At Gibeon the LORD appeared to Solomon during the night in a dream, and God said, “Ask for whatever you want me to give you.”
Solomon answered, “You have shown great kindness to your servant, my father David, because he was faithful to you and righteous and upright in heart. You have continued this great kindness to him and have given him a son to sit on his throne this very day…So give your servant a discerning heart to govern your people and to distinguish between right and wrong. For who is able to govern this great people of yours?”
— 1 Kings 3:5-9
A careful re-reading of Deuteronomy chapter 17 recently, revealed some errors in my previous thinking concerning Solomon’s reign as king over Israel and made me wonder how wise he really was, according to the Scriptures. From earlier teaching, I had always been told that Solomon was the wisest man who ever lived and was left the impression that he was a very great and competent king.
My first wrong assumption was that God did not want the Israelites to even have a king (See also my earlier post, “And the King Will Take a Tenth“). Contrary to this, God anticipates that the Israelites will want a king and so he set out the parameters and qualifications of a king. In Deuteronomy 17 God says, when (not if) you get a king, here is what he must be like. Verse 15 speaks directly about a later king of the Jews, Herod, because he was not a Jew, but an Idumean. The Jews were correct to despise him because he was not one of them and according to the qualifications, he should not have been their ruler. Solomon passed this test as he definitely was a Jew.
Deuteronomy 17:16 says that the king of Israel must not acquire great number of horses for himself and must not make anyone go back to Egypt to get them. If you look at 1 Kings 4:26, it says that Solomon had four thousand stalls for chariot horses and owned twelve thousand horses. All the best horses came from Egypt and Solomon sent many expeditions to Egypt to get horses and other goods (1 Kings 10:28-29).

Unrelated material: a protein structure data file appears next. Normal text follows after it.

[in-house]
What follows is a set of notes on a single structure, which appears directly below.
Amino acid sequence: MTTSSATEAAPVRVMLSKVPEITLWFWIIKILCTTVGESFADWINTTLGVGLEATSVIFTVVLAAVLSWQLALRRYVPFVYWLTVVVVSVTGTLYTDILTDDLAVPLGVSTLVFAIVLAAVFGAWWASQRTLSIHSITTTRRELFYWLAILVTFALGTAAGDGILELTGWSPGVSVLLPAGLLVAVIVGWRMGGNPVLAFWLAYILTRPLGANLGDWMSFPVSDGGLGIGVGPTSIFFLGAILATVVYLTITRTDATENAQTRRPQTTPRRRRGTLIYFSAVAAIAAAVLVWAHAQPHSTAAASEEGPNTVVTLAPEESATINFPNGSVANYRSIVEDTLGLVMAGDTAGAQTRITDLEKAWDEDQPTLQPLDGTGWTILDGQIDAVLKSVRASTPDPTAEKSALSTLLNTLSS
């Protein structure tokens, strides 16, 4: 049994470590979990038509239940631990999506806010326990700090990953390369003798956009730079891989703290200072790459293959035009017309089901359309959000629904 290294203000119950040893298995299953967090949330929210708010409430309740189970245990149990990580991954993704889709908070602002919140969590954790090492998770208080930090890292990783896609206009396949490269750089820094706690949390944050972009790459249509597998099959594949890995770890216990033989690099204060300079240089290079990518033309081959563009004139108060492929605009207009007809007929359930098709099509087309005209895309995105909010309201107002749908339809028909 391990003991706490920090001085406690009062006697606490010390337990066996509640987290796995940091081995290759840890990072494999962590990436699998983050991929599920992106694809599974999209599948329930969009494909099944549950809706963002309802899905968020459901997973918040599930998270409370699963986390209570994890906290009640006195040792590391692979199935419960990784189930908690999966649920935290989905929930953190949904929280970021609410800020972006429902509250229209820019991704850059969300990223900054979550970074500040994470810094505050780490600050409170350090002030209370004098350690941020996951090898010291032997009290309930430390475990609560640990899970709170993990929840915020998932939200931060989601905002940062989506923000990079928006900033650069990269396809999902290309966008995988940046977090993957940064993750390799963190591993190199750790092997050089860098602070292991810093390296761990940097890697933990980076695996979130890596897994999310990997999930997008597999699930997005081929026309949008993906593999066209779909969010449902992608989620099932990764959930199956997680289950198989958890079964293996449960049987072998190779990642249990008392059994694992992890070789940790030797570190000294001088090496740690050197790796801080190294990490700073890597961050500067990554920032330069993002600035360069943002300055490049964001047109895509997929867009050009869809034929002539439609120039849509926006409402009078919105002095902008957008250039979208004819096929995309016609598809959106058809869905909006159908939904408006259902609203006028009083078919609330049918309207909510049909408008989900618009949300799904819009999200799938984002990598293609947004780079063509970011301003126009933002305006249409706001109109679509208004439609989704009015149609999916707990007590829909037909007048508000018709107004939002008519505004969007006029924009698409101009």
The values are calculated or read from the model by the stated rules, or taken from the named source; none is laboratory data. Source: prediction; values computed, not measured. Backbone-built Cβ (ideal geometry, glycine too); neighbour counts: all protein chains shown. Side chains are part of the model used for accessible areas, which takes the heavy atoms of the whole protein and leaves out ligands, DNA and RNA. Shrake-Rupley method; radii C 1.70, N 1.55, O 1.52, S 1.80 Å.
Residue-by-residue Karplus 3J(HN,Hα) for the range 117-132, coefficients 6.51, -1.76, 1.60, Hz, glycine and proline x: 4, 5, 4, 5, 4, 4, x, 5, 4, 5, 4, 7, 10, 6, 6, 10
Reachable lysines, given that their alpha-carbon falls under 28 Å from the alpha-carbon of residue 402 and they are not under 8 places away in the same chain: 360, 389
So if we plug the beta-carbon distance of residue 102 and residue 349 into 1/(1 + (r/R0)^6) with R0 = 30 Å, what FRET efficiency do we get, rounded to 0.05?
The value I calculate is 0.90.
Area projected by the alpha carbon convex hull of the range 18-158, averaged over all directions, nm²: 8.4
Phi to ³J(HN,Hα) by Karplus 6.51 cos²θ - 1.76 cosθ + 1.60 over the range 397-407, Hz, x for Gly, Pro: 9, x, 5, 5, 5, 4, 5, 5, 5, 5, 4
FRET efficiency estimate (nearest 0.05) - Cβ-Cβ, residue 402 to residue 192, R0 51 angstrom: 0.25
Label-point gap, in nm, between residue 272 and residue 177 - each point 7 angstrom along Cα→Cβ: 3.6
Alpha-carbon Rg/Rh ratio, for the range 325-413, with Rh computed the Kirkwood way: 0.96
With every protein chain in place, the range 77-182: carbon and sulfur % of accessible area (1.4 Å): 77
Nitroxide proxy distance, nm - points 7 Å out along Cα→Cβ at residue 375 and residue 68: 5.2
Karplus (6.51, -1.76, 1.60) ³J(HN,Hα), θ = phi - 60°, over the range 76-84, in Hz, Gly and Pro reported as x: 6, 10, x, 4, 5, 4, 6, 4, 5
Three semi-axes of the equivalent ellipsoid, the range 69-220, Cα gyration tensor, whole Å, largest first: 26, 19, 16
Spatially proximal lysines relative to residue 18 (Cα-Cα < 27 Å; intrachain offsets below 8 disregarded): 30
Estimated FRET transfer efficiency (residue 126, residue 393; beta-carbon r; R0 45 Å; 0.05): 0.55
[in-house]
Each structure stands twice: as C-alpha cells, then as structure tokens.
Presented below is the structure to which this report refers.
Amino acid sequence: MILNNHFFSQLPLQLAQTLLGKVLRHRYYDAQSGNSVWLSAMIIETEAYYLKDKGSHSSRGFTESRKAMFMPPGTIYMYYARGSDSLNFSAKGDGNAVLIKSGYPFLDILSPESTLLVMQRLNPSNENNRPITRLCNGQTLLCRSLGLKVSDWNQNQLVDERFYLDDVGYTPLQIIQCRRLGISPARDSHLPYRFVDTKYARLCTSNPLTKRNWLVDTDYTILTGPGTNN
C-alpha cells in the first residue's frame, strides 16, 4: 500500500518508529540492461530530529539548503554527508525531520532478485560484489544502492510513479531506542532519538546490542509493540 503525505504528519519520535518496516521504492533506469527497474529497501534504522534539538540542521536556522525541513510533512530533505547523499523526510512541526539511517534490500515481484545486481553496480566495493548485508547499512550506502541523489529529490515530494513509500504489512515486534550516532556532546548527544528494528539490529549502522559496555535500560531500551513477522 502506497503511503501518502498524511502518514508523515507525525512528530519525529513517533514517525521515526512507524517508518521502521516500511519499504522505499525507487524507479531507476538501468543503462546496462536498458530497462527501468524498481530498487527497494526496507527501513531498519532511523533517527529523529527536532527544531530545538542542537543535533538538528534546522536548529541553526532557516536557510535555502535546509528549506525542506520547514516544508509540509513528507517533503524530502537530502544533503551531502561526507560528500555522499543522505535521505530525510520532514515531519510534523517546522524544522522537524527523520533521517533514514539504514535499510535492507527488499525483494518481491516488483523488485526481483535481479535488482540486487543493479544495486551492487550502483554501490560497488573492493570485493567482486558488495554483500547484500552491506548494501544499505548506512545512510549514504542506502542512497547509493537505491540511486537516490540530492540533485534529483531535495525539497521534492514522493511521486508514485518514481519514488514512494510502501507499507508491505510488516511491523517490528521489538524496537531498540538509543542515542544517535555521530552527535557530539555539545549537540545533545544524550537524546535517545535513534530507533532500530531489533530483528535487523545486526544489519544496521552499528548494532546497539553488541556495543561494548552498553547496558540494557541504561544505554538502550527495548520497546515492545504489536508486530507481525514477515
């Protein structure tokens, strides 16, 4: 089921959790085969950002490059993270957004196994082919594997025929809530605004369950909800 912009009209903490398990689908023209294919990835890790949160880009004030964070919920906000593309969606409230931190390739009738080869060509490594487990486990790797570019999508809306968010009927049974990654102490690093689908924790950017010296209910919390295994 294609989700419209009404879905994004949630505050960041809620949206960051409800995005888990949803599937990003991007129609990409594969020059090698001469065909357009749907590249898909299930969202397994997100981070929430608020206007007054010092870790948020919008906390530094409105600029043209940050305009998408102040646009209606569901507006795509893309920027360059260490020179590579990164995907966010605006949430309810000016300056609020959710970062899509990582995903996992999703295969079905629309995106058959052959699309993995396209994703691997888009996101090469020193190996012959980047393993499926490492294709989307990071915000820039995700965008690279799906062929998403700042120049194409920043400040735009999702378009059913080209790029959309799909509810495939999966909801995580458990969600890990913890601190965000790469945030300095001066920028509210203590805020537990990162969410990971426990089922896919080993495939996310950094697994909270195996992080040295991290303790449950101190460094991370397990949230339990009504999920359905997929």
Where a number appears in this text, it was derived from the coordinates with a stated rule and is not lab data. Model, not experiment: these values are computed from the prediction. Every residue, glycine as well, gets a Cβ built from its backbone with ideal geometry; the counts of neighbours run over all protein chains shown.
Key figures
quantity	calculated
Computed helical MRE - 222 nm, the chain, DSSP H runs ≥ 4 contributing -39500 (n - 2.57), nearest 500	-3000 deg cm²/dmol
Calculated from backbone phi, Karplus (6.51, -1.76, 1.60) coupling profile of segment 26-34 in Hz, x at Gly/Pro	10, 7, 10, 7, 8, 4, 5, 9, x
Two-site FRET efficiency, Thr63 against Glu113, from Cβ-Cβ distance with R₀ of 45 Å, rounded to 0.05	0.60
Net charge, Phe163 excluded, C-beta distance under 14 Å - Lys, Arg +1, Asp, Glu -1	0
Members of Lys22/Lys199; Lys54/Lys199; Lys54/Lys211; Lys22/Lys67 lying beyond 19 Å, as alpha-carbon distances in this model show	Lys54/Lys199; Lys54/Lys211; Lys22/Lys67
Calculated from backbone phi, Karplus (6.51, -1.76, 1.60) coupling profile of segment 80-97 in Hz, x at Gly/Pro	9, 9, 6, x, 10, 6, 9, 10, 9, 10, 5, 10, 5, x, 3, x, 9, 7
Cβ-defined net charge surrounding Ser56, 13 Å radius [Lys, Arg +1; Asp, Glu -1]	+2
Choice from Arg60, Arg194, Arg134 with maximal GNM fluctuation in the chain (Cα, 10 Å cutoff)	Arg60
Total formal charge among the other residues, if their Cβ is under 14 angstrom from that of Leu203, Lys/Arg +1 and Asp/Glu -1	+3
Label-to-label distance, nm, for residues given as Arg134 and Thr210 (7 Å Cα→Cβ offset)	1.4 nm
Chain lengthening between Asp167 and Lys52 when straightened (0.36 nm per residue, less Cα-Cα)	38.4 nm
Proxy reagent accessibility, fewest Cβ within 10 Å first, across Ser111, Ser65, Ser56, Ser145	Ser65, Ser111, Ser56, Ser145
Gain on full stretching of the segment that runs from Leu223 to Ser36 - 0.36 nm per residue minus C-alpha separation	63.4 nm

Deuteronomy 17:17 says that the king of Israel must not take many wives or his heart will be led astray. We read in 1 Kings 11:3 that Solomon had seven hundred wives of royal birth and three hundred concubines and that his wives led him astray. It goes on to say that he did evil in the eyes of the Lord by doing this.
Deuteronomy 17:17 also says that he must not accumulate large amounts of silver and gold. In 1 Kings 10:14-29 it describes Solomon’s affinity for wealth. The Jewish Bible portrays the rejection of his penchant for wealth by saying that he accumulated 666 talents of Gold, yearly. By using the numbers 666, they were saying, in an editorial way, that he was doing something evil.
Solomon apparently never followed God’s command in verse 18-20 either. He was supposed to completely write for himself, on a scroll, the whole Torah and then read it daily for the rest of his life. If he had done this, as God required, he would have seen his mistakes in Deuteronomy and repented. Solomon obviously considered himself better than his subjects, which it also told him specifically not to do. Because Solomon failed to heed and obey God’s explicit commands, the kingdom was torn away from his descendants and Israel plunged into chaos that from which they never recovered:
The LORD became angry with Solomon because his heart had turned away from the LORD, the God of Israel, who had appeared to him twice. Although he had forbidden Solomon to follow other gods, Solomon did not keep the LORD’s command. So the LORD said to Solomon, “Since this is your attitude and you have not kept my covenant and my decrees, which I commanded you, I will most certainly tear the kingdom away from you and give it to one of your subordinates. Nevertheless, for the sake of David your father, I will not do it during your lifetime. I will tear it out of the hand of your son. Yet I will not tear the whole kingdom from him, but will give him one tribe for the sake of David my servant and for the sake of Jerusalem, which I have chosen.”
–1 Kings 11:9-13
Solomon also really messed up when he hired foreigners to come in and build the Temple. It was not appropriate to Hiram and the Sidonian craftsmen to construct large parts of the Temple. The Jews had plenty of quality craftsmen. By doing this, it allowed these foreign men to bring in their foreign gods and intermarry with the Jewish people. This mistake eventually allowed Jezebel, who was a Sidonian, to play a shameful part in Jewish history.
Although Solomon was obviously a very smart man, almost everything he did ended up bringing disaster on the Jewish nation. Solomon is proof that wisdom is not enough We must read the Book or we will end up like Solomon; even though wise in a worldly sense, still failing miserably in God’s eyes.